ROME, NOV. 19, 2004 (Zenit.org).- University chaplains and the European bishops’ conference seek to contribute to the elaboration of “a new integral humanism” through their work in universities.
This week the bishops and chaplains released the first draft of “Guidelines for University Pastoral Care in Europe,” a document which articulates the theological-pastoral reasons for an appropriate theoretical and practical approach to the university realm and its culture.
The document offers a frame of reference for an organic evangelization of culture, and states that “the university pastoral program contributes to the elaboration of a new integral humanism.”
“Man must be at the center of all scientific research and cultural endeavor,” explained Archbishop Cesare Nosiglia, delegate of the European bishops’ conference, at the headquarters of Vatican Radio. “The human person must be at the center with his/her rights, duties, and needs, including the spiritual and moral. Integral humanism means this precisely: the full integrity of the human person, in all his dimensions.”
The text also reflects that the university pastoral program can contribute likewise to the Christian roots of Europe, supporting “the development of the university’s life” and promoting a genuine cultural pastoral program, not restricted to the attention of students and professors.
According to Monsignor Lorenzo Lezzy, coordinator for the European Committee of University Chaplains, there are more than 500 university chaplains in the whole continent, as quoted by the Italian newspaper Avvenire.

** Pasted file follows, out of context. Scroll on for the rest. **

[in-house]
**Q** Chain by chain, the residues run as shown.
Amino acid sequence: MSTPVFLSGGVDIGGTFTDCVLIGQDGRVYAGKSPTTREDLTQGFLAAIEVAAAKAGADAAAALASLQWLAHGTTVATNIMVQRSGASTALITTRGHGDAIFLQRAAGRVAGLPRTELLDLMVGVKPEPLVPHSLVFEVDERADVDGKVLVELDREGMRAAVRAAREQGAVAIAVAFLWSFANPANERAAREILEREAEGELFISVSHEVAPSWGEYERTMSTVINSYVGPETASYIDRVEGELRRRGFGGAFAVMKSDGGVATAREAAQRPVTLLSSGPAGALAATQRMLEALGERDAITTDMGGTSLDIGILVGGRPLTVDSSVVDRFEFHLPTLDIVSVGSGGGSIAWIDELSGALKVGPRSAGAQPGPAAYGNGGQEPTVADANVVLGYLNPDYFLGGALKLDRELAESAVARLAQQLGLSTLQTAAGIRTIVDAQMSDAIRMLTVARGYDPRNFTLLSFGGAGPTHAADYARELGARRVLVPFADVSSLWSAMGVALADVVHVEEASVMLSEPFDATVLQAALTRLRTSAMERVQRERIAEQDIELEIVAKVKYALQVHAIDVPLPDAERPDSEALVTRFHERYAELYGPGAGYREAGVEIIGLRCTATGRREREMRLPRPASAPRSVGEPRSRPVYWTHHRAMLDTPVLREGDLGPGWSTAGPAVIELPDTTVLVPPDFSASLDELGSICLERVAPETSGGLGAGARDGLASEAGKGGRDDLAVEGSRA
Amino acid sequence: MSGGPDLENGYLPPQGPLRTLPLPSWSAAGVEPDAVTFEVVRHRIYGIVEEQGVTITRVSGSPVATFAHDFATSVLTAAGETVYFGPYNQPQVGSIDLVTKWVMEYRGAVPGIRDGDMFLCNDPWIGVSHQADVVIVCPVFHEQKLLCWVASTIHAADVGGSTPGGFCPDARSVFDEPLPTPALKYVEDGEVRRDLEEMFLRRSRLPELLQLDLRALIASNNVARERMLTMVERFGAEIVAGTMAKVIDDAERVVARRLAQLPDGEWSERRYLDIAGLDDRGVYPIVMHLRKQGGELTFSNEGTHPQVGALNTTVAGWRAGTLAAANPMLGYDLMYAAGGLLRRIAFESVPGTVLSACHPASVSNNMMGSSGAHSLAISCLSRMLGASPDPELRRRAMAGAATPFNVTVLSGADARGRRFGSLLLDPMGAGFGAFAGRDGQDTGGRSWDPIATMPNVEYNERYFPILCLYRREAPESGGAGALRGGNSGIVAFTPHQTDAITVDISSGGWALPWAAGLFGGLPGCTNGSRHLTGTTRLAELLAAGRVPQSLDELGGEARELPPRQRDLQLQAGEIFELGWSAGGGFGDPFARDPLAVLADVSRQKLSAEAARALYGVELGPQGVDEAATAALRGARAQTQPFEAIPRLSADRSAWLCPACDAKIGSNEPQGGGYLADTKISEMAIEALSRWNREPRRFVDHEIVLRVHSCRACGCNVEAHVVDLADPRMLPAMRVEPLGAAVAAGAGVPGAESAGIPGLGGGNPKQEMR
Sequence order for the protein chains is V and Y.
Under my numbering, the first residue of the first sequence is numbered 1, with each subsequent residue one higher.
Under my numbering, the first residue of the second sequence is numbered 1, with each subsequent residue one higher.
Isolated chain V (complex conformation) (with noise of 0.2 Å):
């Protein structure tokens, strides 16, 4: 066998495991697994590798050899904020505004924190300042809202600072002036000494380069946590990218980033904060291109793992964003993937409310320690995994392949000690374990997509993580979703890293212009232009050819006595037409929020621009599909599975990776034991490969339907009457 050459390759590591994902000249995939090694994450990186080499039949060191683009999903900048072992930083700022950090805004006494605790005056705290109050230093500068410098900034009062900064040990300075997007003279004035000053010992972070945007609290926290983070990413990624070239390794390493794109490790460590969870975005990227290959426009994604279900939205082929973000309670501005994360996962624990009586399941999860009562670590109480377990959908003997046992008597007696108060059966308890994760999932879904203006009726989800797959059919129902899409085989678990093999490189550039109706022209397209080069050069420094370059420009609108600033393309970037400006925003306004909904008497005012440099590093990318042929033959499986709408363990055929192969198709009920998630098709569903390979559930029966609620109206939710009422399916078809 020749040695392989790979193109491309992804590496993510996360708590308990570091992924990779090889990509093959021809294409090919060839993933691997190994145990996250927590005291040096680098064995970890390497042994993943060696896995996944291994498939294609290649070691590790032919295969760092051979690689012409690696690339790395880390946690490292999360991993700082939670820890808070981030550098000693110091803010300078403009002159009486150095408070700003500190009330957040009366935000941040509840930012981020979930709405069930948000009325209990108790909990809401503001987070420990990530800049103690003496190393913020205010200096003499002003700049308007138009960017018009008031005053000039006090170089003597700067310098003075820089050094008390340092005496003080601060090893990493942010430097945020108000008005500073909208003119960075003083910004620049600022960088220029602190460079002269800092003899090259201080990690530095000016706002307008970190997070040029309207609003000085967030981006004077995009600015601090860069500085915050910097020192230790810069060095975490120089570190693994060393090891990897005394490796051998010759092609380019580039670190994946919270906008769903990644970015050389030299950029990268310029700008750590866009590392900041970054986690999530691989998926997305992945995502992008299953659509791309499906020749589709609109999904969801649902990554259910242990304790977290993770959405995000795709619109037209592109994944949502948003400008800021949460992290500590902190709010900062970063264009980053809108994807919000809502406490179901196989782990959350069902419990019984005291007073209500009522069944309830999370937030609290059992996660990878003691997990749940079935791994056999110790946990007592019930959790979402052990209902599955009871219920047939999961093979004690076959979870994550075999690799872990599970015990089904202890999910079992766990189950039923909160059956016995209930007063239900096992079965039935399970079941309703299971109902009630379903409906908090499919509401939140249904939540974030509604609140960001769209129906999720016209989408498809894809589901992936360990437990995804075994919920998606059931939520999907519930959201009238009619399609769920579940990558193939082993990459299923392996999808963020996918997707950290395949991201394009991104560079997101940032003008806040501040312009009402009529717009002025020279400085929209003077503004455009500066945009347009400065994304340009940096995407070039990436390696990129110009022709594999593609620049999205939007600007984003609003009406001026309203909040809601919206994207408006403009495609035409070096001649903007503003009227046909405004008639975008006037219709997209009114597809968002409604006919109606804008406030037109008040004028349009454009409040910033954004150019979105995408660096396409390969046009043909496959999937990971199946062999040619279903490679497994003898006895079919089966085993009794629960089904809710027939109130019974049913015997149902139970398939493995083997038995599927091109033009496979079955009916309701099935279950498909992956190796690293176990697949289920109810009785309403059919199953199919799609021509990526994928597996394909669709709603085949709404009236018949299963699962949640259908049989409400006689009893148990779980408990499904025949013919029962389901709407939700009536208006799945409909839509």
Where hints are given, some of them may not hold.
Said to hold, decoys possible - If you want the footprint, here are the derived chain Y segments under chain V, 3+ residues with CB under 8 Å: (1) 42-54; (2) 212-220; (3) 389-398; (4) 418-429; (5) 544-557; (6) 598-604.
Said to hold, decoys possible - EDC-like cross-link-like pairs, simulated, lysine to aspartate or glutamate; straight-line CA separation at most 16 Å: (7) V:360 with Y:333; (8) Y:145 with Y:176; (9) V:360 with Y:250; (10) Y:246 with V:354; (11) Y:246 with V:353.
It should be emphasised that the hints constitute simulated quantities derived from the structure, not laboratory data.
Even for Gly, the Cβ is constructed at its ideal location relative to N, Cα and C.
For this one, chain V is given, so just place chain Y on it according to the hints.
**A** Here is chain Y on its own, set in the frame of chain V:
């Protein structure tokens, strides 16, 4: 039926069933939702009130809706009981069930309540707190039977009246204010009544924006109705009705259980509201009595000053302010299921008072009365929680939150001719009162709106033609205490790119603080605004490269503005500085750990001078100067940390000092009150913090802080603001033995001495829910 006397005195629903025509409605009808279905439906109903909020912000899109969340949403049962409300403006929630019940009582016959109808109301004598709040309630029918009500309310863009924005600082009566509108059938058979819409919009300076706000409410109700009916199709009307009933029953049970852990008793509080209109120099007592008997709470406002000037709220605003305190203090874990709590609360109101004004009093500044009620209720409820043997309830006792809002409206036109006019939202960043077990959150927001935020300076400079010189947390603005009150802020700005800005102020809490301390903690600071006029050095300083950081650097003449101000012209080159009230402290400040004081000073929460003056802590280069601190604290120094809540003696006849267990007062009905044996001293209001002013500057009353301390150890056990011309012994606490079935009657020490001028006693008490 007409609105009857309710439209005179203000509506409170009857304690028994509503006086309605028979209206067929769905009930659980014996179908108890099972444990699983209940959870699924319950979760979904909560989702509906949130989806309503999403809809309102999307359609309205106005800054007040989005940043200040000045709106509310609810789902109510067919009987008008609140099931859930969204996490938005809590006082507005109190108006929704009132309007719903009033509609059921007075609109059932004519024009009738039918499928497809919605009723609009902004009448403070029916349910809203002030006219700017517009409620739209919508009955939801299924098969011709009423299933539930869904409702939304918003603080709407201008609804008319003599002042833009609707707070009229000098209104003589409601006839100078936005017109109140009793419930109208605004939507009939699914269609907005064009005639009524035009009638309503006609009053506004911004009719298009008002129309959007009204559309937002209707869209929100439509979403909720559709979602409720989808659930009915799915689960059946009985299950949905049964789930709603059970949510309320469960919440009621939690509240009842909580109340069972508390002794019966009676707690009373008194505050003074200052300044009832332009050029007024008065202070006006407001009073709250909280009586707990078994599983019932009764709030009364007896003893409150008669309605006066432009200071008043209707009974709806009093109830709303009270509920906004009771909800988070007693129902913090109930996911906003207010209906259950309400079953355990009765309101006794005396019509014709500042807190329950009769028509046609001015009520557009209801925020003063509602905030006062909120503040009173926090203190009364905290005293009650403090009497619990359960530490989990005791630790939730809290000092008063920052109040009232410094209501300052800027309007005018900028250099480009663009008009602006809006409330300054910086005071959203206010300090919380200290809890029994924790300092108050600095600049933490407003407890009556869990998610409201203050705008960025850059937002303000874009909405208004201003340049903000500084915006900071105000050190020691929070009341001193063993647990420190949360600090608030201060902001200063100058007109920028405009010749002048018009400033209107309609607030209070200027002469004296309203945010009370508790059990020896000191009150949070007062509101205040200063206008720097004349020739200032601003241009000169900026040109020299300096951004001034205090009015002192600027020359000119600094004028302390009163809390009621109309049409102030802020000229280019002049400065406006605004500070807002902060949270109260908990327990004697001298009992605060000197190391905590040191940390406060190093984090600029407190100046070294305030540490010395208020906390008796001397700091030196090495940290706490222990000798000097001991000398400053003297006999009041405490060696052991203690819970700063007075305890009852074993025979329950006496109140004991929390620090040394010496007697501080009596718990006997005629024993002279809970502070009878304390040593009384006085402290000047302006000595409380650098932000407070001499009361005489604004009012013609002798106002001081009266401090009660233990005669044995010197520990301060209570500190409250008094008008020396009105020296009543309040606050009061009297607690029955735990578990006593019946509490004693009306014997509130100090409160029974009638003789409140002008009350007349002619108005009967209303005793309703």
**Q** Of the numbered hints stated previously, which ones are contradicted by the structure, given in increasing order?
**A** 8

Giuseppe Dalla Torre, rector of Libera Universita Maria Santissima Assunta, said that their work can foster “the inculturation of the faith and the evangelization of the culture” which “enters fully in the responsibilities of the Church, especially in the context of a secularized society such as the contemporary.”
The document also points out that in the European university scene, Catholic centers represent a significant reality in the area of dialogue between faith and culture, which the Christian community promotes.
In fact, “the purpose both of universities as well as of the Church’s higher centers of study is, first of all, to guarantee in an institutional way a Christian presence in the university realm with a view to the important problems of the society and culture of our time,” clarified Agustin del Agua, director of the episcopal subcommission for universities in Spain.
“As institutions of teaching and research, they intend, from the Christian faith, to help in the integral formation of university students, recognizing that it is Jesus Christ who discovers to man the greatness of his vocation and gives meaning and fullness to his aspirations,” he explained.
These centers work and exert themselves “to offer an education that is not only intellectual” or “professional”, but geared to “the person in all his richness, which includes his insertion in history and openness to transcendence,” he specified.
Archbisop Nosiglia said, moreover, that it is “significant that the document comes out in the Year of the Eucharist” to “remind all that the heart of the humanistic culture is that gratuitous love that promotes a new man and a new world.”
The text is now entrusted to the European episcopal conferences, in particular to the bishop who work specifically with University pastoral care, to chaplains, and to those responsible for youth pastoral care, thus opening a phase of consultation in view of the final writing planned for next autumn.